Which Communities Have Compost Facilities and Ban Foodwaste in Landfill?
RAPID RESPONSE REQUEST: Which states have banned food waste organics to landfill, and which states currently have operational commercial compost facilities?
Request made by: Green Sports Alliance
The Green Sports Alliance (GSA) works to provide assistance to its members, consisting of professional and collegiate sports stadiums, fields, and venues. One opportunity that has proved successful for several of their members is to reduce waste by diverting compostable materials from landfill. GSA wants to produce useful information
for others wanting to implement similar programs. Ultimately, if sports venues can help educate and motivate attendees and fans to recycle and compost more, these habits may pass on to in-home practices in their communities.
States, Counties, or Cities that have Banned Organics to Landfills
While there may be a handful of communities that outright ban disposal of food waste in the landfill, there is not an available list or resource confirming this information.
The states of Massachusetts, Connecticut and Vermont, have banned landfill disposal of food waste from large commercial food waste generators.
The U.S. Composting Council provides a visual map of “State Landfill Bans on Organics”, but it offers no details on the type of organics banned (Yard/Green waste and/or food waste), and no information on whether this is a state wide ban or one for a few communities within the state.
A more common approach than a food waste ban is a mandate that larger quantity generators, such as restaurants, grocers, and even large sports arenas, must source separate and divert food scraps from the landfill.
For example, San Francisco (California), and Seattle (Washington) both have mandatory requirements for food scraps diversion from households and commercial/institutional establishments. But neither of these cities, to our knowledge, actually bans disposal of food scraps in their designated landfills.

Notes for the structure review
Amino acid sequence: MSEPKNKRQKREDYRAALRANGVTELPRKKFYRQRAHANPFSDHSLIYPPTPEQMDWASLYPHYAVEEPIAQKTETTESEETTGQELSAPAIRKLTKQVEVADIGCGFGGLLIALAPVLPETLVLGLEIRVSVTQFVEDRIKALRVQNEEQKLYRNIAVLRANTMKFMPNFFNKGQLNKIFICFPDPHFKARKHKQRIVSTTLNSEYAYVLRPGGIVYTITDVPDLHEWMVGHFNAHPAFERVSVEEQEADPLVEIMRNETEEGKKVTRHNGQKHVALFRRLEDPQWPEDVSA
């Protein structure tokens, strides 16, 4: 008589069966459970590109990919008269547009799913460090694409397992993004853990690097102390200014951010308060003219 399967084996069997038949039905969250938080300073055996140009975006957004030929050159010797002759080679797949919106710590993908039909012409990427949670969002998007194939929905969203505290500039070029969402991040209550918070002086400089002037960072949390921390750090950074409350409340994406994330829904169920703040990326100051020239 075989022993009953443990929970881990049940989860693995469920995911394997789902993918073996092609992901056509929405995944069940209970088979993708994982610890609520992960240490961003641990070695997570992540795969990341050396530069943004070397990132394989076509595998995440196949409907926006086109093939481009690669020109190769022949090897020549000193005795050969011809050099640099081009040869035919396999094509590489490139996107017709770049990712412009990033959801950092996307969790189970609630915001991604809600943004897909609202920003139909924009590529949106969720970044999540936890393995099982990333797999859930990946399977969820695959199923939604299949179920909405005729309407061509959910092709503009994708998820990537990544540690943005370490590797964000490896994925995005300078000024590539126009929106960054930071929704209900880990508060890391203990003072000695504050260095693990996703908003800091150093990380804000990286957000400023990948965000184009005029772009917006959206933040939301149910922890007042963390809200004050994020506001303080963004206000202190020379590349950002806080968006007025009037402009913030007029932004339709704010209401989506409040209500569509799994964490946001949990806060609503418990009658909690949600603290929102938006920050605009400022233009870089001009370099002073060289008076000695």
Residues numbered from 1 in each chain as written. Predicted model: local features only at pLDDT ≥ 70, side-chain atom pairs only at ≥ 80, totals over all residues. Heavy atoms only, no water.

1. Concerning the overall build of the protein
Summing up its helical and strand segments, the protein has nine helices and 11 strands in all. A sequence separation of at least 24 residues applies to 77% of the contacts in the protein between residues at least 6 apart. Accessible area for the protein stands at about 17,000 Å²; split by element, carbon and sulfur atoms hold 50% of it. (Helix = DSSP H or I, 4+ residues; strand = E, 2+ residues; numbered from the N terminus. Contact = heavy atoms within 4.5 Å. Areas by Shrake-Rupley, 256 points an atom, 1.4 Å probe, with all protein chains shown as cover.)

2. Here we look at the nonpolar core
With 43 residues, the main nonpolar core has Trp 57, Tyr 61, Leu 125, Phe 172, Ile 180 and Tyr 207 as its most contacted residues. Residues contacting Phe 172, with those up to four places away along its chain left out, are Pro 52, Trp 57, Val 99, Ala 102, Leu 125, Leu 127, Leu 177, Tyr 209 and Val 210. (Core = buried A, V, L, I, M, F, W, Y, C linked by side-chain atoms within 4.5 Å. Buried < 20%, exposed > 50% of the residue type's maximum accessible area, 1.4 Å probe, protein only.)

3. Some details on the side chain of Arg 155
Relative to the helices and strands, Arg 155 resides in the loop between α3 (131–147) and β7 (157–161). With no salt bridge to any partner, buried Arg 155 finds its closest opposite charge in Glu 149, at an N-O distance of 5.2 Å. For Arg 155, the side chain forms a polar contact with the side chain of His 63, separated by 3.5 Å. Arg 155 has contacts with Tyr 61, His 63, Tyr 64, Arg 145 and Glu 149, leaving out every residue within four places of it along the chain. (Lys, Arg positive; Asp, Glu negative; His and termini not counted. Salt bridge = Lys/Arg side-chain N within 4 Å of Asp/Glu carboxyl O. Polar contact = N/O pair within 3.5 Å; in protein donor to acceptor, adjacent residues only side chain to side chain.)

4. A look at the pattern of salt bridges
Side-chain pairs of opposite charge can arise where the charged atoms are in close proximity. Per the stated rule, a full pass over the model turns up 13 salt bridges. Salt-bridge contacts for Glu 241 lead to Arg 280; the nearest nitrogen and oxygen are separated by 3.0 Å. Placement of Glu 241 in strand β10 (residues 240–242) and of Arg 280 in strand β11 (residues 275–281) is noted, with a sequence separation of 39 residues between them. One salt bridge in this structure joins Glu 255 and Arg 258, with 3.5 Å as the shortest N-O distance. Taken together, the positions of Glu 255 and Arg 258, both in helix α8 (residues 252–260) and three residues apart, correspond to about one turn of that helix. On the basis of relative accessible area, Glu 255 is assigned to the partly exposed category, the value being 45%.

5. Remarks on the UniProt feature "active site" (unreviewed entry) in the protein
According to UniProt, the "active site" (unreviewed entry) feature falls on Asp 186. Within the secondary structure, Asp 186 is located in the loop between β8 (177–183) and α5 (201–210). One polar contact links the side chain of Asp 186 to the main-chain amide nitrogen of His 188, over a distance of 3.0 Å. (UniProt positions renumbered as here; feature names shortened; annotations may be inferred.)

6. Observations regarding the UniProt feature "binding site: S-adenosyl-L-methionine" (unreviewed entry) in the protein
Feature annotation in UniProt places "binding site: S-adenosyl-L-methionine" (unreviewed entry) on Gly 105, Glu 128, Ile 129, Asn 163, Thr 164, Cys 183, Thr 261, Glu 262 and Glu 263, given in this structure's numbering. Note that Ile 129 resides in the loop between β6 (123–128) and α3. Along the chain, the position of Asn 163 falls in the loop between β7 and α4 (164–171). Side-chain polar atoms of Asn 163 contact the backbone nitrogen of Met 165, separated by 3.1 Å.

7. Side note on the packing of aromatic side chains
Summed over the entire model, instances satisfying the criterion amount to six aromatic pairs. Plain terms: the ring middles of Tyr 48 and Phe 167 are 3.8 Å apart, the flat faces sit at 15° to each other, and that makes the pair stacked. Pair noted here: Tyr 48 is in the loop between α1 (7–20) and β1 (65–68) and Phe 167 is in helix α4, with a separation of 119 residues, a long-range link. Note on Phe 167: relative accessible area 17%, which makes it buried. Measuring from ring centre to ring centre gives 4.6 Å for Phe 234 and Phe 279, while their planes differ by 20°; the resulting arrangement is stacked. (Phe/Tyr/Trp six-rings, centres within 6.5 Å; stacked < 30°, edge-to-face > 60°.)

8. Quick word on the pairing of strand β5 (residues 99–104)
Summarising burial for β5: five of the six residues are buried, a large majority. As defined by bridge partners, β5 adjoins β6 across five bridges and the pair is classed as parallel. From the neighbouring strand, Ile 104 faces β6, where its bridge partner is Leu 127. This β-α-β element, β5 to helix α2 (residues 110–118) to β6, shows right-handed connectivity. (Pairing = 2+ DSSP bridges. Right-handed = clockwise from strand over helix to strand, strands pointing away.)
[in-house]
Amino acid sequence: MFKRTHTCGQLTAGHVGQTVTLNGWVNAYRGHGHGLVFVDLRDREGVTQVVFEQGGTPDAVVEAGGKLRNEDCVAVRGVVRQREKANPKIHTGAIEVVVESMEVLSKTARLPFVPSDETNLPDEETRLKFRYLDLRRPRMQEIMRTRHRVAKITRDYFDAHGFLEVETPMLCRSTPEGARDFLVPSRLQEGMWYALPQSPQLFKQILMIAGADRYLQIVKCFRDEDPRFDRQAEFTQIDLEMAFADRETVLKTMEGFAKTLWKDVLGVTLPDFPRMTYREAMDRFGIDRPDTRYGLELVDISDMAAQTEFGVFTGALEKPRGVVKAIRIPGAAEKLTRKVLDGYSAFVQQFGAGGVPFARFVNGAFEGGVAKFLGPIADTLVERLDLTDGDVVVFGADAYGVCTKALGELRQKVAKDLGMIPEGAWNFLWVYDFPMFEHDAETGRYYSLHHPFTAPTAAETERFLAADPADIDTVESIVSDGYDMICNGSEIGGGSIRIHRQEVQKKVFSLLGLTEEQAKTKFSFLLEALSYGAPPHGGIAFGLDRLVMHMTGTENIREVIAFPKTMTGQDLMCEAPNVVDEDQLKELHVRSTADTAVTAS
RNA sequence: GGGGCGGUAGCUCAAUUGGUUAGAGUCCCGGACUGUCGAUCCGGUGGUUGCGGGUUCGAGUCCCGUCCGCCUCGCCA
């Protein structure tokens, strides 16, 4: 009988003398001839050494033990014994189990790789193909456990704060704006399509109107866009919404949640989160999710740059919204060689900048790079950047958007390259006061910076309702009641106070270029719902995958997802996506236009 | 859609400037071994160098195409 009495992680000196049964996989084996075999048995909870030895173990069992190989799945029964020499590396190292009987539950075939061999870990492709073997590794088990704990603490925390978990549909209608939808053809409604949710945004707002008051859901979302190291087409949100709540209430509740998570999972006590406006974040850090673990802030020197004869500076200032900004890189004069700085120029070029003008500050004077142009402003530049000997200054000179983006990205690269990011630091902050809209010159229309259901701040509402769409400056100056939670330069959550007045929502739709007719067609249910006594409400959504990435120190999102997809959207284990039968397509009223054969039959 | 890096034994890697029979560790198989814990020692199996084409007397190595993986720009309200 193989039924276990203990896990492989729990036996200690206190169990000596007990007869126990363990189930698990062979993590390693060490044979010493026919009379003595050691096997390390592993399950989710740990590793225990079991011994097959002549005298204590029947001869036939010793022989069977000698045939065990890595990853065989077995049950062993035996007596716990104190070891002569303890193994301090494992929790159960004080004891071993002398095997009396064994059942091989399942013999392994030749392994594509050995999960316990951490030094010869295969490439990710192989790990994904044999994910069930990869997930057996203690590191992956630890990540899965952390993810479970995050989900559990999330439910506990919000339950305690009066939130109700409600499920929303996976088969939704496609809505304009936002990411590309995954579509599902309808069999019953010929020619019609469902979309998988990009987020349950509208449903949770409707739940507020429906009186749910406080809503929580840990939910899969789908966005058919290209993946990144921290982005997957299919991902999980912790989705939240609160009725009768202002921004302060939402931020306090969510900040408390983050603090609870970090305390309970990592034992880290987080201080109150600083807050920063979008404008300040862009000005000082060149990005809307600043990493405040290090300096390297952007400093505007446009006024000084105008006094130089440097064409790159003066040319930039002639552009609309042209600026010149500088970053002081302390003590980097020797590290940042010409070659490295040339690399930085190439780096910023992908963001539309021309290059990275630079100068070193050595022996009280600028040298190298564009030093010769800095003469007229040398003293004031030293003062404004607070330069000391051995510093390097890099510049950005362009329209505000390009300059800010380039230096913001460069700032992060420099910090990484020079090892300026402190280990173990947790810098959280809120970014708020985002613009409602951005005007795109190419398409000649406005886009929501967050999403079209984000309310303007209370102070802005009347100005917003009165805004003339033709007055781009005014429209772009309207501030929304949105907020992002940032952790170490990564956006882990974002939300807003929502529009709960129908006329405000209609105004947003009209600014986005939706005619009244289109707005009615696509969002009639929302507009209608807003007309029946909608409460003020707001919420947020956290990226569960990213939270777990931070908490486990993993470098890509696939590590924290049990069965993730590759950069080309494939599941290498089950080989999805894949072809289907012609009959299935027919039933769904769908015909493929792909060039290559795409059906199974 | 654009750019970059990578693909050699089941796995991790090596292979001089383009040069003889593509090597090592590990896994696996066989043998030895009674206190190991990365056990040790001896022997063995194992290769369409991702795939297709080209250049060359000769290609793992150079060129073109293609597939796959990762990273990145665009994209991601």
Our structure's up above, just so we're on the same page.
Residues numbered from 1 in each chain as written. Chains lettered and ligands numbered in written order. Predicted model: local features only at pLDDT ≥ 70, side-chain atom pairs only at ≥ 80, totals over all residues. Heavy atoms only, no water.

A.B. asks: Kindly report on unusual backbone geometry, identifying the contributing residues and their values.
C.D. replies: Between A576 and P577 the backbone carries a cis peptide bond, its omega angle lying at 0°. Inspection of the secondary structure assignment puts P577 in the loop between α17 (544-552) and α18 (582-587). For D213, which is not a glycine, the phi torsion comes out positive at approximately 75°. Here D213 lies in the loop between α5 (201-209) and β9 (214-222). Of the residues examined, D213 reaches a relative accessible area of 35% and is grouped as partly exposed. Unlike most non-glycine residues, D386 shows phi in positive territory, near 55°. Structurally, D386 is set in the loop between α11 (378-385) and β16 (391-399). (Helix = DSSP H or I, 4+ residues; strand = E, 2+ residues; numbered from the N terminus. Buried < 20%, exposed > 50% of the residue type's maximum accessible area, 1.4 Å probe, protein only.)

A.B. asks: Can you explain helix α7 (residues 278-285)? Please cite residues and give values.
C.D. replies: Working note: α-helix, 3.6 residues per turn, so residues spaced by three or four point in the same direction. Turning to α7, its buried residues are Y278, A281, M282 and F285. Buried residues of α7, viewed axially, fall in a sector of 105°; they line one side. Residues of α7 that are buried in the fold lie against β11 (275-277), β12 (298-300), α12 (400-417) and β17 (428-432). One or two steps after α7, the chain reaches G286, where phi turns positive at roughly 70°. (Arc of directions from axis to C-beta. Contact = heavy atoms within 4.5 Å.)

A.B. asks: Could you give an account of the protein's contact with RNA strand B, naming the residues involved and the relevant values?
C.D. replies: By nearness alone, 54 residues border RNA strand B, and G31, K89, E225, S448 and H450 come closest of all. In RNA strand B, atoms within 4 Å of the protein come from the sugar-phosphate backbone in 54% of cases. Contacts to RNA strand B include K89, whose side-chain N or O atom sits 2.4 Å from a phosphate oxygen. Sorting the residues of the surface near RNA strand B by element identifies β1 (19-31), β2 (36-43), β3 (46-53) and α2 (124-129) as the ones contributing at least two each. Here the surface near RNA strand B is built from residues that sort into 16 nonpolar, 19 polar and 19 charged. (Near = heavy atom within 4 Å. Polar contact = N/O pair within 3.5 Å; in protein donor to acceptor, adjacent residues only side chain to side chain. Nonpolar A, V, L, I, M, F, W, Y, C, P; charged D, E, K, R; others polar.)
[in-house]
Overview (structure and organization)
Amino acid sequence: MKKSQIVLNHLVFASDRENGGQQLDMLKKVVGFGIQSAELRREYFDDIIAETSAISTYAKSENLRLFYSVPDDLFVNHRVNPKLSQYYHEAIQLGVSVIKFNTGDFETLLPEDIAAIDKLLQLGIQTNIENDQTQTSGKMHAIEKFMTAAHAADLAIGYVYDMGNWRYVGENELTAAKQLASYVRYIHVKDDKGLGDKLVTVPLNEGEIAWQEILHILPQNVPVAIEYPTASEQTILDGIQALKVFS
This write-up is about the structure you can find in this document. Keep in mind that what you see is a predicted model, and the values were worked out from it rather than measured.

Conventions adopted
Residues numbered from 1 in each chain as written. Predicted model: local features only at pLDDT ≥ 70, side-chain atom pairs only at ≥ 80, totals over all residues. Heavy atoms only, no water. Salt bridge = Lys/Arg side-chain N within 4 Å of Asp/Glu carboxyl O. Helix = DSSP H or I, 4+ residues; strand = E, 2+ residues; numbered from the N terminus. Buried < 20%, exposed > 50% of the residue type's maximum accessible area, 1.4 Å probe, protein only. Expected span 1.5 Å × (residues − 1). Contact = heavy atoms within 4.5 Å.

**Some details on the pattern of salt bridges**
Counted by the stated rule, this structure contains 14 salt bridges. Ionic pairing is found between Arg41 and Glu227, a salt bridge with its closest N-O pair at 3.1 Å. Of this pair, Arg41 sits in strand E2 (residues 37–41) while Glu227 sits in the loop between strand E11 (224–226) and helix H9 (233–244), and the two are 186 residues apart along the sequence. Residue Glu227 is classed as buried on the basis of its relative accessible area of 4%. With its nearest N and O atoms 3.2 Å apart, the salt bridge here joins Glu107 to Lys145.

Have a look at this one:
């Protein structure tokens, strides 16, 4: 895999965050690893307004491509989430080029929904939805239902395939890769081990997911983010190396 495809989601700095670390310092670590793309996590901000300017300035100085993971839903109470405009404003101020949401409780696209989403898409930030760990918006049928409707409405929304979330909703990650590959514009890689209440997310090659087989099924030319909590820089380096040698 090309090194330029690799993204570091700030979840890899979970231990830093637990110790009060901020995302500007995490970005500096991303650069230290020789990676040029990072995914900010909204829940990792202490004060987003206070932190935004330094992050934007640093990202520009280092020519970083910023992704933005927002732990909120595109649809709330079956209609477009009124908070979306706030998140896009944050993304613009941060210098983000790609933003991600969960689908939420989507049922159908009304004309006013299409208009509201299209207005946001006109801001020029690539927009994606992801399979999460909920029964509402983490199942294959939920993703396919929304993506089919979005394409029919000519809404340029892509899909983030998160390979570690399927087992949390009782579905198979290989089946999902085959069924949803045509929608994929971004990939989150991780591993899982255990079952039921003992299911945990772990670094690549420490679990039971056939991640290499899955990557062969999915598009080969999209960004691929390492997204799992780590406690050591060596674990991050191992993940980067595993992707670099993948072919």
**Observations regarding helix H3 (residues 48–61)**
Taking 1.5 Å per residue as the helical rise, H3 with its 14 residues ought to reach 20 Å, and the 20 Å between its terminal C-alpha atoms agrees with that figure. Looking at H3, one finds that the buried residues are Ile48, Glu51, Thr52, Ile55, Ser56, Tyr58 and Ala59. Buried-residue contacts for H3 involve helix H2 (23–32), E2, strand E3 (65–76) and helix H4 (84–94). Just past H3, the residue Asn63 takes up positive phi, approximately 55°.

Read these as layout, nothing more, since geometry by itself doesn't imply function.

Other municipalities, such as San Diego and Charleston County, South Carolina, offer a significantly discounted tipping fee for source separated commercial food scraps.
New York City is pushing for a rule requiring large-scale food scraps from hotels, hospitals, and other large generators to divert waste from the landfill. If enacted, however, this will also not be an actual ban on landfilling.
States with Operational Commercial Compost Facilities
In a recent report from the Institute for Local Self-Reliance, state officials across the US were asked to tally the number of composting facilities in their state by volume of processing capacity. Thirty-one states responded with the following processing amount per year:
- 2,354 facilities (in those 31 states) are composting less than 5,000 tons/year.
- 713 facilities are composting in the range from 5,000 to 20,000 tons/year.
- 218 facilities are composting more than 20,000 tons/year.
Source: State of Composting in the U.S., What, Why, Where and How. Downloadable here.
Section 3 of this report details which states have composting facilities, but does not provide location of the facilities in the different communities within the state.
As for finding out whether composting exists in a specific city or community, this tool from BioCycle is very useful! FindAComposter.com is an online directory, searchable by city, state, zipcode, or facility name. Some states or counties may also list permitted compost facilities on their websites. Finding a specific one may take a bit of searching on their respected websites, using search terms such as “permitted compost facility”, or “active solid waste facility”.
To our knowledge, there are no official bans on sending organics to landfill. However, many states have mandates that larger food and yard waste generators divert materials to a compost facility.
Many states have one, if not many, commercial composting facilities. BioCycle’s Findacomposter.com can help locate facilities in an area or region of interest.